I guess it worked out all right, me letting Mr. Karp write in my place the last two weeks. He finished up his California signing tour yesterday by getting put on a puddle-jumper airplane from San Francisco to Portland, and then on another one from Portland to Seattle. Me, I always swore I would never ride on one of those airplanes, and I never did. Even Brun wasn't such a fool, he'd do that. And then, last night, Mr. Karp got up at 3AM to drive his daughter, son-in-law, and grandson to the airport so they could go to Virginia for the son-in-law's brother's wedding. So, he's danged glad to have me filling in today.
Where I left off last time was when that Mr. Paul Affeldt came by with Mr. Spiller, they were going to make some acetate records of Brun playing ragtime. Brun was out in the garage, getting ready, so when Mr. Affeldt rang the bell, I told him he'd have to go back to the garage, 'cause that's where Brun's piano was. But then Mr. Affeldt started asking me questions about Brun, like when we were young, back in Oklahoma. I just told him I had nothing to say. I wasn't about to do ragtime or ragtime people any favors. They sure hadn't done any for me.
After that recording session, Brun was excited like I'd never seen him. He was sure this was going to be the big break he'd been waiting for. Him and Scott Joplin were going to be famous, and Brun and I were going to have all the money we could ever use. Fat chance, I told him, you get to be a bigger fool every day. And I was right. I don't know if Mr. Affeldt made anything off the records, but we never saw a nickel from them.
Back in November, 1952, when Brun was dying, he still wouldn't give up. Stubborn? Like no other man I've ever seen. He said that Scott Joplin used to tell people no one would appreciate his music for 25 years after he was dead, and Brun believed that was starting to happen. I didn't have the heart to tell him no matter how hard you a person might want some things to happen, that isn't going to make them happen. After Brun's funeral, I told our daughters, well, that's the end of that.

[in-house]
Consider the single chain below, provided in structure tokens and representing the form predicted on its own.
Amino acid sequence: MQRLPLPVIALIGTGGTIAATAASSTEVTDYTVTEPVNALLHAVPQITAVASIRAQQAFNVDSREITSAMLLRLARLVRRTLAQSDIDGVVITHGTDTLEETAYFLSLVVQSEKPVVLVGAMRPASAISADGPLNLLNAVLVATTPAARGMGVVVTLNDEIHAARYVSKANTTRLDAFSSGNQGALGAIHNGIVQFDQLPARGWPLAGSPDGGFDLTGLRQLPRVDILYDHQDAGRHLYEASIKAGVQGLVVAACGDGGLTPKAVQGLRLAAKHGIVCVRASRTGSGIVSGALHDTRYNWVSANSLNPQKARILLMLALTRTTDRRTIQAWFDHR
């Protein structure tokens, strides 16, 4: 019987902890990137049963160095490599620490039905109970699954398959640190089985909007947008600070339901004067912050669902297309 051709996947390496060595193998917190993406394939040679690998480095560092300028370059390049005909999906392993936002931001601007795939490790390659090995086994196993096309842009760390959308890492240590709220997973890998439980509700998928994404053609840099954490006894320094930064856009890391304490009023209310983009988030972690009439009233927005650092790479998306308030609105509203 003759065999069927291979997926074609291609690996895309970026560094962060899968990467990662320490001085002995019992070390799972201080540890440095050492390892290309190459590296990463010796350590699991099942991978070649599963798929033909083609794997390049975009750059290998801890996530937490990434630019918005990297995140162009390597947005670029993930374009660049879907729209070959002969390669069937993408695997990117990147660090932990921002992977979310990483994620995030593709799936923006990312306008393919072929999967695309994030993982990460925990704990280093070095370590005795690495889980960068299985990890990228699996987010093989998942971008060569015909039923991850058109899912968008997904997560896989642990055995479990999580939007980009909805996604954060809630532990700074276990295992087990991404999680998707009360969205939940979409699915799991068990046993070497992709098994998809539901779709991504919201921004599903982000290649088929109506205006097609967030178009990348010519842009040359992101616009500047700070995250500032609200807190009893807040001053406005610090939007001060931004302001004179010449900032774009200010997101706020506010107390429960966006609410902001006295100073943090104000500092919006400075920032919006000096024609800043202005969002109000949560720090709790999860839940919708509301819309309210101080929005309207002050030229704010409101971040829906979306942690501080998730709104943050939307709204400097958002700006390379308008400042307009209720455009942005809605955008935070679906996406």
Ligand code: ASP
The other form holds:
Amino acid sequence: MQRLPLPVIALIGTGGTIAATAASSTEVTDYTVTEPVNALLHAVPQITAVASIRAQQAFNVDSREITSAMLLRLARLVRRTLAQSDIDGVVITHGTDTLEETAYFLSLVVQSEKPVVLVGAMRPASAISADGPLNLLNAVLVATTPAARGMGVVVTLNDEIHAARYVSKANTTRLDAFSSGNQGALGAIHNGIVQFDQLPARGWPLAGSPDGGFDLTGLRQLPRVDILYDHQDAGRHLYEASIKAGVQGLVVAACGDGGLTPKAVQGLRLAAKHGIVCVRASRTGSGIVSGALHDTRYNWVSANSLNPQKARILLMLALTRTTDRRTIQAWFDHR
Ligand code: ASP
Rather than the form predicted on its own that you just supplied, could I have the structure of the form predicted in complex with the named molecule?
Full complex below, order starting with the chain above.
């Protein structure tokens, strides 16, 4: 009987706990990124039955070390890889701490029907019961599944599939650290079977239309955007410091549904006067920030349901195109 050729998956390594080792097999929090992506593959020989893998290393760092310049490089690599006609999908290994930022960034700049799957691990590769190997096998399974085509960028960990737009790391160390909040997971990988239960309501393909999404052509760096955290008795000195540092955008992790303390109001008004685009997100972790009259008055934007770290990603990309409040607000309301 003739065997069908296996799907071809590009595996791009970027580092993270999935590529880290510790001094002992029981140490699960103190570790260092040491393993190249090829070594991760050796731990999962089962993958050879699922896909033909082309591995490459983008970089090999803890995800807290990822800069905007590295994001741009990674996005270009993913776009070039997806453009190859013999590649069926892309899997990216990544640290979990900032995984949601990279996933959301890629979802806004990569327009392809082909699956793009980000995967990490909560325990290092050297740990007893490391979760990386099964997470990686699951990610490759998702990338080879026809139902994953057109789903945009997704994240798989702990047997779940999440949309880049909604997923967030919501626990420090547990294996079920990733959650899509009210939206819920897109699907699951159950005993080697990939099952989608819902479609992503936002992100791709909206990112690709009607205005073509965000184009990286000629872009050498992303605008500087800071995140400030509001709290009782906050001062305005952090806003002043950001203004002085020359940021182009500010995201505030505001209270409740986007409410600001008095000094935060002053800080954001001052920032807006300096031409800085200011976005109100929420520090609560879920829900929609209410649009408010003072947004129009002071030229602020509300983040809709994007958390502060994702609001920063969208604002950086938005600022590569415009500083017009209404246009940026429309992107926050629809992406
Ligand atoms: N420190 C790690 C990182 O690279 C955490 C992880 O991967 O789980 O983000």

Except it wasn't. I lived until 1988, and I saw and heard a lot of things. When nobody was around, I read that book, They All Played Ragtime, by Rudi Blesh, who you can read about in Mr. Karp's book. I'll sure tell you, it made me even gladder I didn't ever let those trashy ragtime people inside my house. But then one day, around 1970 or so, I heard some music on the radio that I thought was really beautiful. When the announcer said it was called "Maple Leaf Rag," by Scott Joplin, I almost had a conniption, but then the man said it was played by a person named Joshua Rifkin, who was a classical piano player, and he was playing it like a classical piece, which he said was what Joplin wanted. Now, I don't know if I believe that, but I figured Mr. Rifkin had to be pretty darn good if he could turn a piece of garbage into such beautiful music. And then, of course, I saw that movie, The Sting, in 1975, where it had Scott Joplin's ragtime music in the background. Which seemed right to me, because the movie was all about con artists and killers.
These days, people can buy a CD record of Mr. Affeldt's acetate discs, with Brun playing piano and having an interview. There's other piano players who've made CDs of Brun's music, too, and some of them call themselves "Brun's Boys" (which I doubt they would do if they ever really were Brun's boys). I bet wherever Brun is now, he's laughing, and saying, "So, who's the fool?"
I knew Brun was different from all my other beaux, but I thought maybe I could change him. So, I guess that does make me the biggest fool of all. I'm glad Mr. Karp wrote this book, The Ragtime Fool, and it's my hope that every young woman in the country will read it, and let what happened to me serve as an example to them not to be foolish like I was about choosing a husband. And I thank Mr. Karp for letting me write this down on his blog.
You're welcome, Mrs. Campbell. And thank you for being willing to appear in my book.